Iowa’s counsel also presented evidence designed to show that an ostensibly charitable program from Microsoft for developing countries and schools was actually designed to ensure that Windows remained preinstalled on PCs to discourage competition from the open-source Linux operating system.

    The so-called Education Government Incentive (or Edgi) program, appears “to be based on Microsoft generosity, but in fact the program is intended only for use where Linux is a threat,” according to Roxanne Conlin, co-counsel for Iowa.

    Conlin also presented evidence of a job description for Bill Gates’ technical assistant, whose primary duty was to make sure no permanent record of Gates’ e-mail existed, Conlin said, according to transcripts.
    http://news.yahoo.com/s/macworld/200...llchin20061212

    You can't avoid the truth..
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  2. #2

    ByzantineRemnant's Avatar
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    Hmm, somewhat interesting article. I think it has less to do with the man buying a Mac, and more to do with some legal issues that Microsoft is dealing with.

  3. #3

    baggss's Avatar
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    I had forgotten that there were still 2 AT cases pending against MS in the states. That will change if the White House changes hands in 08


  4. #4

    fleurya's Avatar
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    wrote in the same e-mail that he would buy a Mac if he was not a Microsoft employee,
    I don't understand why they didn't quote that part of the email. I would like to read it. Sometimes that means it's being taken out of context or manipulated. It's funny to see a cheif of development complain about the product he's responsible for developing. What else is going on there??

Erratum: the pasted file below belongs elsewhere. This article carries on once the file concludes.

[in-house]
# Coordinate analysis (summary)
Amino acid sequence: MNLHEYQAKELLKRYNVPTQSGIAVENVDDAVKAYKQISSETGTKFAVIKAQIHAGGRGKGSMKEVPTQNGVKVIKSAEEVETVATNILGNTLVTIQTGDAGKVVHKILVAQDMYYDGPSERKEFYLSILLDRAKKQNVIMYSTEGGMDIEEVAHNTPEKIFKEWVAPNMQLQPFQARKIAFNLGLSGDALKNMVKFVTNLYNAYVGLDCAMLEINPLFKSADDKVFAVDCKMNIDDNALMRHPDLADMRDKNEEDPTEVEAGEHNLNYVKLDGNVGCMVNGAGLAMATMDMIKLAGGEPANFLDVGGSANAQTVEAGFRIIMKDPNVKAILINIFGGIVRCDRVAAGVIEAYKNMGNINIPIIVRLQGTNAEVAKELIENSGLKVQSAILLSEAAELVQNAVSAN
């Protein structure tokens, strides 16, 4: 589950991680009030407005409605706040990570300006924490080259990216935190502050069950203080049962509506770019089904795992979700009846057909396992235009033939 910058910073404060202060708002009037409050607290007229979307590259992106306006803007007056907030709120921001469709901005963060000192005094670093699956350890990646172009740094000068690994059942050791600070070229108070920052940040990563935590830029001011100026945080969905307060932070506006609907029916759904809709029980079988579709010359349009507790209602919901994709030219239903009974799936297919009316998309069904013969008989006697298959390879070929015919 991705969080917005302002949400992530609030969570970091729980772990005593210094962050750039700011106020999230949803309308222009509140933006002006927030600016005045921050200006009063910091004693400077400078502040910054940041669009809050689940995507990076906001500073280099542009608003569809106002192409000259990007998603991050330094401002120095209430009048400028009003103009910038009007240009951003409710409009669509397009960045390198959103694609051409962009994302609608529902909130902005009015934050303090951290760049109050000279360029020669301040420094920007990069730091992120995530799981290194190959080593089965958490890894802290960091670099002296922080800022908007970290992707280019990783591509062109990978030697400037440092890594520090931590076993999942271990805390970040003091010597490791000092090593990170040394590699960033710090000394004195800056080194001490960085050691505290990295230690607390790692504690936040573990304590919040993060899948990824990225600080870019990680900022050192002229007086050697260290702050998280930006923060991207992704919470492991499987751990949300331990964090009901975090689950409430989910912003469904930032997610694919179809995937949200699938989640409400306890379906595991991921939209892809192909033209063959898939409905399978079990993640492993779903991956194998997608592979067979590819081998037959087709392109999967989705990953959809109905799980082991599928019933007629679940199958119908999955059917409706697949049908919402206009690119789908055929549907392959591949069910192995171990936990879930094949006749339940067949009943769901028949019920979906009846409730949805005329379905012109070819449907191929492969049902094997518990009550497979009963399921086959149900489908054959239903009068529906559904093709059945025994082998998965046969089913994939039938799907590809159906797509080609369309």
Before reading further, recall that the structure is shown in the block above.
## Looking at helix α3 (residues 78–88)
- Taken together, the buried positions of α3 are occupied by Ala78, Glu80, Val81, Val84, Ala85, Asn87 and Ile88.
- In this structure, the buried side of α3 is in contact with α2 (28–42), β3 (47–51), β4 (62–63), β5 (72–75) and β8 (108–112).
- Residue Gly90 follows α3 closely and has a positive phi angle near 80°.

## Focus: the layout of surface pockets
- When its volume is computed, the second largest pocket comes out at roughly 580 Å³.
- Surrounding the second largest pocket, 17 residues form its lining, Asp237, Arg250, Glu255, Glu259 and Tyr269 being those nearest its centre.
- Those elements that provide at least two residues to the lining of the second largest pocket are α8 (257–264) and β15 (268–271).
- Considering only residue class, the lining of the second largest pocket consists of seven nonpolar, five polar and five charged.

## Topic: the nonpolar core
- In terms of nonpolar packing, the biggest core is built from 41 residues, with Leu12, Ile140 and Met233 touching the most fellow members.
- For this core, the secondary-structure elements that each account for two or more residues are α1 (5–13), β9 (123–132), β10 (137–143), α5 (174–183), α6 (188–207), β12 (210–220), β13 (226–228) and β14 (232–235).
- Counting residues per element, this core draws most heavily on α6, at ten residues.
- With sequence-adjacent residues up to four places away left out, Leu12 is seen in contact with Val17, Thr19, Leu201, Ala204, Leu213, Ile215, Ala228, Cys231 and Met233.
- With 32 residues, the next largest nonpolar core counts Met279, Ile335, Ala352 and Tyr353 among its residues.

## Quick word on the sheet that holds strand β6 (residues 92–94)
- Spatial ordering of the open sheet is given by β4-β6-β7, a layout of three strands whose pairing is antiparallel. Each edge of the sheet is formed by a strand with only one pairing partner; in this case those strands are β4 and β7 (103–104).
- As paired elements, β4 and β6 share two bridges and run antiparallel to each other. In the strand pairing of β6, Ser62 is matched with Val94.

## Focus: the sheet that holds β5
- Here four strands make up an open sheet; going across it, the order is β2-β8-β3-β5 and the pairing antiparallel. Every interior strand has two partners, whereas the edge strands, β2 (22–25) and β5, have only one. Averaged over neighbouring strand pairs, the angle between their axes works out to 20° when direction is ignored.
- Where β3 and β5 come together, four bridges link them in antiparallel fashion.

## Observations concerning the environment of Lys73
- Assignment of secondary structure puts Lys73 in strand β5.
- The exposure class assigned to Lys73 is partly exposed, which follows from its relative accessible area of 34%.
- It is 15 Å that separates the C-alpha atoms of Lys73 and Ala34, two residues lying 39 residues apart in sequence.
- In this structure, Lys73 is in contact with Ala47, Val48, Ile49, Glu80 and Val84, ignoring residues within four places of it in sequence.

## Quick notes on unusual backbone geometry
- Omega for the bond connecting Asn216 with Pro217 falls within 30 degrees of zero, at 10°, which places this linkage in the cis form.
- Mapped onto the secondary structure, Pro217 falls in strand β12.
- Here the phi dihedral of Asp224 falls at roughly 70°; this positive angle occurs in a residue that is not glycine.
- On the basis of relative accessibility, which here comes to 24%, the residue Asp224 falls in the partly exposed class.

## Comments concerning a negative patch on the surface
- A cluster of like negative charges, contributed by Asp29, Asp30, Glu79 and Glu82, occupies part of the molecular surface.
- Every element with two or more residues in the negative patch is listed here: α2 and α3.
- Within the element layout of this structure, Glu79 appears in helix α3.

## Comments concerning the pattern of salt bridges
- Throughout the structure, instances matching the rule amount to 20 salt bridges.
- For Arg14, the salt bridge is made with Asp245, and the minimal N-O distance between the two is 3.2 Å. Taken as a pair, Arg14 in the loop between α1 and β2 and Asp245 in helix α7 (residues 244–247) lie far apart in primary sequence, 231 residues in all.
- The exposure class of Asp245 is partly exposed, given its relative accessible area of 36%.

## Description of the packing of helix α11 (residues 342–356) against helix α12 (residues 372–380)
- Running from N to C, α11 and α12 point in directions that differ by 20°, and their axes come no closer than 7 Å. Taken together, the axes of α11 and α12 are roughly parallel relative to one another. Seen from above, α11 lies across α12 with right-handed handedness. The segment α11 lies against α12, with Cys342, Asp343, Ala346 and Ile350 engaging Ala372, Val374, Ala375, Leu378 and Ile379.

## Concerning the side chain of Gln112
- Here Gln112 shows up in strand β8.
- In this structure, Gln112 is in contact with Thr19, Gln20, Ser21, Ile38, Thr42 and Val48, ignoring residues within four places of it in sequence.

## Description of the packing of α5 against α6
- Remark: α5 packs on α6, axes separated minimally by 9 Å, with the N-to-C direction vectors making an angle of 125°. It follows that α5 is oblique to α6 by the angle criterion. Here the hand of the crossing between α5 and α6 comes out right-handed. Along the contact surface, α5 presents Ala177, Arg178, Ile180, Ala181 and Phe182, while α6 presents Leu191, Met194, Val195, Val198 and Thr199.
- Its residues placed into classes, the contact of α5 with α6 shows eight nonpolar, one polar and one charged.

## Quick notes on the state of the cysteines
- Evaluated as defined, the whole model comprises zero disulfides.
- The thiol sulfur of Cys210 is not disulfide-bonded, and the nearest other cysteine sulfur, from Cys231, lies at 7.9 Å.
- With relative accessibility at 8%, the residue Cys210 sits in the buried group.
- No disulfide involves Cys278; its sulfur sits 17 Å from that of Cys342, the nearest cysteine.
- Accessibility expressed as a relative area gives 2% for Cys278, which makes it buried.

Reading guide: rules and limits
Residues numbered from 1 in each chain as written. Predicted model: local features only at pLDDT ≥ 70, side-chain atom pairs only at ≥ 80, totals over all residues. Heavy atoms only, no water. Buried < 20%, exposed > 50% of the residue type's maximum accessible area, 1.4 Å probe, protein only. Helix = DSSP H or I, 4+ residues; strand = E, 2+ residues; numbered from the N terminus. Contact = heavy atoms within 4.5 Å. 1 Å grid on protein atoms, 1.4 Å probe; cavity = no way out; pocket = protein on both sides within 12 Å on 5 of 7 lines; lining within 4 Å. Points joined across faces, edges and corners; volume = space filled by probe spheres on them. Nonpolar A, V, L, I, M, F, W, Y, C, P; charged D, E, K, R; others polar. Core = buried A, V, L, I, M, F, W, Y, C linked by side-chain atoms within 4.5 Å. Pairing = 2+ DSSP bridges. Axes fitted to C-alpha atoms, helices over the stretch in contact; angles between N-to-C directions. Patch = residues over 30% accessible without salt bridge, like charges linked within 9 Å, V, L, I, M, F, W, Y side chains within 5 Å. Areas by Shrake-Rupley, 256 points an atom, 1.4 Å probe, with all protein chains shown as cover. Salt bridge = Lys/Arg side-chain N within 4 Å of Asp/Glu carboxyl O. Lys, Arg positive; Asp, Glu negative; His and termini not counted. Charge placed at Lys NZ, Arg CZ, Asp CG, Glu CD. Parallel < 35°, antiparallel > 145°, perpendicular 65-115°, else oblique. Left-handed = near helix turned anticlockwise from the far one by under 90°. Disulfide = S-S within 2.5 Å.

I wonder why there's a case against MS bundling MWP with Windows. Would they make a lawsuit against Apple for bundling iTunes with OSX??

    Every company does at least some strategic manuvering in order to keep their product on top. Some just get more press than others; typically the guy on top.

    Everyone knows coach Bobby Knight for his mean spirit due to all the press. But as a Purdue grad, I know Gene Keady was just as mean, but his team wasn't on top and he didn't get much press. (I suppose not throwing chairs helped also)

    Apple is definitely not innocent. But I forgive Bill Gates a little since he gives away truckloads of money to charity and runs the largest charitable organization in the world. How many other money-grubbing CEO's are going to those lengths?

  5. #5

    baggss's Avatar
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    The case with WMP had to do with it not allowing other players to be set as the default and/or interfering with their proper functionality. You can take or leave iTunes, and there are other alternative out there unless you're on a Mac, but that is more market driven than anything else. Either way, Apple is not blocking any other Apps from running on Mac, were their any to compete with iTunes, whereas M$ actually WAS doing that.

    Apple is not innocent per-se, but Steve Jobs outlook on running a business, and life in general, is far and away out of the norm for most Fortune 500 companies. The guy used to be a hippie and has retained much of that outlook. His favorite saying is that "Apple is a company that still has it's soul".


  6. #6

    fleurya's Avatar